Jul 17, 2018 at 9:00 am
Miguel Martinez says
I plan on studying the human body and majoring in medicine thanks to being Vegan. It really changed my life for the better so I pan to help others understand what Veagnism can do for them. 😊🌱
Mar 06, 2018 at 5:44 am
Kobe Fletcher says
I did disagree with reason 39, mainly the “at your own pace” part, If someone takes 3 years to become vegan, that’s not as good as someone who becomes vegan in 5 seconds, that and there is no reason, besides being so broke you can’t afford any food at all, that you can not be vegan as soon you learn the truth
Mar 04, 2018 at 12:28 am
Well yes, 3 years would be a very long time. But there does need to be a transition period, primarily because a person would need to learn about nutrition.
The majority of people eat a nutritionally poor diet and have no idea which vitamins are required and in what amounts for optimal health. They eat a heavily processed foods diet.
However, the meat and dairy they eat, as bad for their health it may be in many ways (particularly processed meats), provides the five key micronutrients they need (Vitamin A, Folate, Iodine, Iron, Zinc,) as well as a number of minerals – albeit from a secondary source.
This is why meat is a good starvation food, because it is generally nutrient dense in these key areas. If the rest of your diet is very poor, as long as you are eating meat/dairy, it will keep your iron, B12, Calcium, Iodine etc., levels maintained.
That said, a diet without daily fibre will cause big health problems in the medium and long term.
The thing is, it would be potentially harmful for a person with an already nutritionally poor diet – one that contains hardly any fruits, vegetables, legumes and nuts and seeds – to suddenly go plant-based/vegan and simply move to consuming more processed foods that lack proper nutritional value. This could lead to even worse health.
This is why we need to be very careful of who we tell to go vegan immediately.
Many activists tell everyone to go vegan overnight. That’s fine for a relatively healthy person who has a sound knowledge of nutrition, but not for the average person on a meat and dairy and processed foods based diet. We need to be even more cautious when it comes to babies and young children.
There is a learning curve, and for that reason the transition should be managed. We also have to consider how those who are clinically obese, suffering from auto-immune diseases, type-2 diabetes, etc., will respond to dramatic dietary changes.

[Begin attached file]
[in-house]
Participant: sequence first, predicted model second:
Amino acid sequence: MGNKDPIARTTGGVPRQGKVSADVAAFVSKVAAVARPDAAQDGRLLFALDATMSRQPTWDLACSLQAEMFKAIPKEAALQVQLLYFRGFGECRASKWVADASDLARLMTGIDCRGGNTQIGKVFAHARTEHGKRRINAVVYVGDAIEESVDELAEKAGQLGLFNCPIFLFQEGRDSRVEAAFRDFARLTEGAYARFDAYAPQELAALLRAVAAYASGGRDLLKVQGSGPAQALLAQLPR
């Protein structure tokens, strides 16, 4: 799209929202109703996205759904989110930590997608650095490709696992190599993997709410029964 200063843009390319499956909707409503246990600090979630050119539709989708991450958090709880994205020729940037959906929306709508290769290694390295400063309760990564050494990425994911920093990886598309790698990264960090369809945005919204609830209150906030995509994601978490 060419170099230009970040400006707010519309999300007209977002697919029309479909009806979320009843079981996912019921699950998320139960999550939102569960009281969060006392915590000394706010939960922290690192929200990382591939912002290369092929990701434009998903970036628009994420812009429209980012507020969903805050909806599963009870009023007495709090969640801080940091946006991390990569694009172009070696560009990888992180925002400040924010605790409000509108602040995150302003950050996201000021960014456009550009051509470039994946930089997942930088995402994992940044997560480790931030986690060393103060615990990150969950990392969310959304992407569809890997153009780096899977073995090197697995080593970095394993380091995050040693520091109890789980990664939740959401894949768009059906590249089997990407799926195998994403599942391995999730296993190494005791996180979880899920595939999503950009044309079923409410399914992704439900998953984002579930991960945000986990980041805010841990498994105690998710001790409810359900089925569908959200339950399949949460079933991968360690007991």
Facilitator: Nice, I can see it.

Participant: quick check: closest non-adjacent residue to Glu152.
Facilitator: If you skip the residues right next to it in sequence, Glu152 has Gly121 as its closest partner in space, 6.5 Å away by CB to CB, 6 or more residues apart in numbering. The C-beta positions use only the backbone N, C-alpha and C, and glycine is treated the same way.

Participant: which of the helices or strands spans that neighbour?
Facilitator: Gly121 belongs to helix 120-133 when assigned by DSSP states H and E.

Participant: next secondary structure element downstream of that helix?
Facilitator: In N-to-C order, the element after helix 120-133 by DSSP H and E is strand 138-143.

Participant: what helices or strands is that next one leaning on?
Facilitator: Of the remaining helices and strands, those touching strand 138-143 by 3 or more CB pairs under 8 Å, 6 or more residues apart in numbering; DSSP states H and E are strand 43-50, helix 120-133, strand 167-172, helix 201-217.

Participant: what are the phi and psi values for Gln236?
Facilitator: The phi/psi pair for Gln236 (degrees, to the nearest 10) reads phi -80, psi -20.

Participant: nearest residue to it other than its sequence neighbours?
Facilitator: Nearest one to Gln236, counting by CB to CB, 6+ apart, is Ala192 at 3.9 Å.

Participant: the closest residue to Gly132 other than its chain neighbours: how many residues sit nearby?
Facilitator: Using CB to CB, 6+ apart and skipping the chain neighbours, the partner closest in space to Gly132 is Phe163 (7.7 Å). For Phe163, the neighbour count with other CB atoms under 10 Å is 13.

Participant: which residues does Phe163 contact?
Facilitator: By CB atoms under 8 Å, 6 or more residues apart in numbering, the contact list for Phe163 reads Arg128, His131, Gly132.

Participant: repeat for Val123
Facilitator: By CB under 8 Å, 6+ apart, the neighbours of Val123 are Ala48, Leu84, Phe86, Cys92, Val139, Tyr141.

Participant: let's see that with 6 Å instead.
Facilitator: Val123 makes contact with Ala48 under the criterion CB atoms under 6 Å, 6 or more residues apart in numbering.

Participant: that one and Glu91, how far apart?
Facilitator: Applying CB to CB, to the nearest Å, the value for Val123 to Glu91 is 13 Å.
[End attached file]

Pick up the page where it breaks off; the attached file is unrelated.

A plant-based diet can improve these conditions, but depending on the severity of the condition, the transition may need to be managed with the help of a physician.
Mar 04, 2018 at 10:34 am
I am new to considering switching to the vegan lifestyle. I have a boss who is vegan and I have been watching a lot of shows on Netflix that have shown quite a bit of what the food industry has done and still does to animals for us. I am overweight and have been trying to become healthier. Is there any advice on how to eventually go from meat, poultry, and fish?
Aug 09, 2017 at 4:15 am
Hi Neffj, I was actually watching an interview with Dr. Michael Klaper yesterday and this subject was discussed. He was saying that because we have been fed 3 meat and dairy based meals a day since infants that completely stopping does have an effect on some people, because we have been dependent on meat-based nutrients that are preformed and not created using enzymes in the body. It is really interesting: see here: https://youtu.be/GCU4kzP9H4I?t=360
So for those with a very meat and dairy heavy diet, cutting down and weening yourself off is a better method that most will find easier.
All the best.
Aug 10, 2017 at 10:02 am
Thank you. I will watch this video here shortly.
Aug 10, 2017 at 2:29 pm
Respectful Living says
I used to suffer from major anxiety. That quit when I stopped eating dairy.
Jun 05, 2017 at 2:31 pm
That’s great. I noticed great improvement in my sleep (some might attribute this to not overloading the body with animal proteins). I also stopped getting a particular rash I used to get, which I won’t go into too much depth about here 🙂 (I’ve since seen research that suggests this was due to giving up dairy).
Jun 05, 2017 at 4:55 pm
Respectful Living says
There seems to be very little research on dairy and anxiety. I did find a few articles that seem to suggest there is a link. I know a LOT of people that suffer from anxiety. I have been strongly suggesting that they stop consuming dairy (and all animal products for that matter).
Jun 05, 2017 at 6:04 pm
Katy Smith says
Wow, what a thorough explanation of many of the benefits of being vegan. I learned a lot by reading this article. I knew there were obvious health and physiological benefits, but I never knew to what extent. Thanks for the great post!
Sep 15, 2015 at 12:56 am
The list goes on and on, and it’s not just about health either. Being vegan massively benefits the environment, and of course stops other sentient beings (animals) having to suffer unnecessarily. We are a supposed intelligent species. We are so technologically advanced yet ethically we have such a long way to go. With our intelligence and creativity, we simply don’t need to make animals suffer in the way we do, and destroy the very planet that supports our existence.
Sep 17, 2015 at 5:12 am
Those points Peter are very important to me too. I do feel strongly and have for fifty years odd. I may be older and forgetful etc but I am not daft and know the difference between cruelty and kindness very well
Nov 30, 2015 at 11:51 am
Absolutely. Deep down everyone knows the difference between cruelty and kindness, but they choose to turn a blind eye out of selfishness. For example, on TV tonight they exposed serious cruelty in the leather industry in India; I’m talking horrendous torture. They explained that most of the leather sold in the West comes from there; yet the other day I went to buy a pair of shoes and it seems like the prevalence of leather is increasing, with many shops not stocking any non-leather options at all. People seem on one hand to condemn cruelty when they see it on the TV and then the next day go out and support it by buying meat or leather. I just don’t get it.
Dec 10, 2015 at 10:24 pm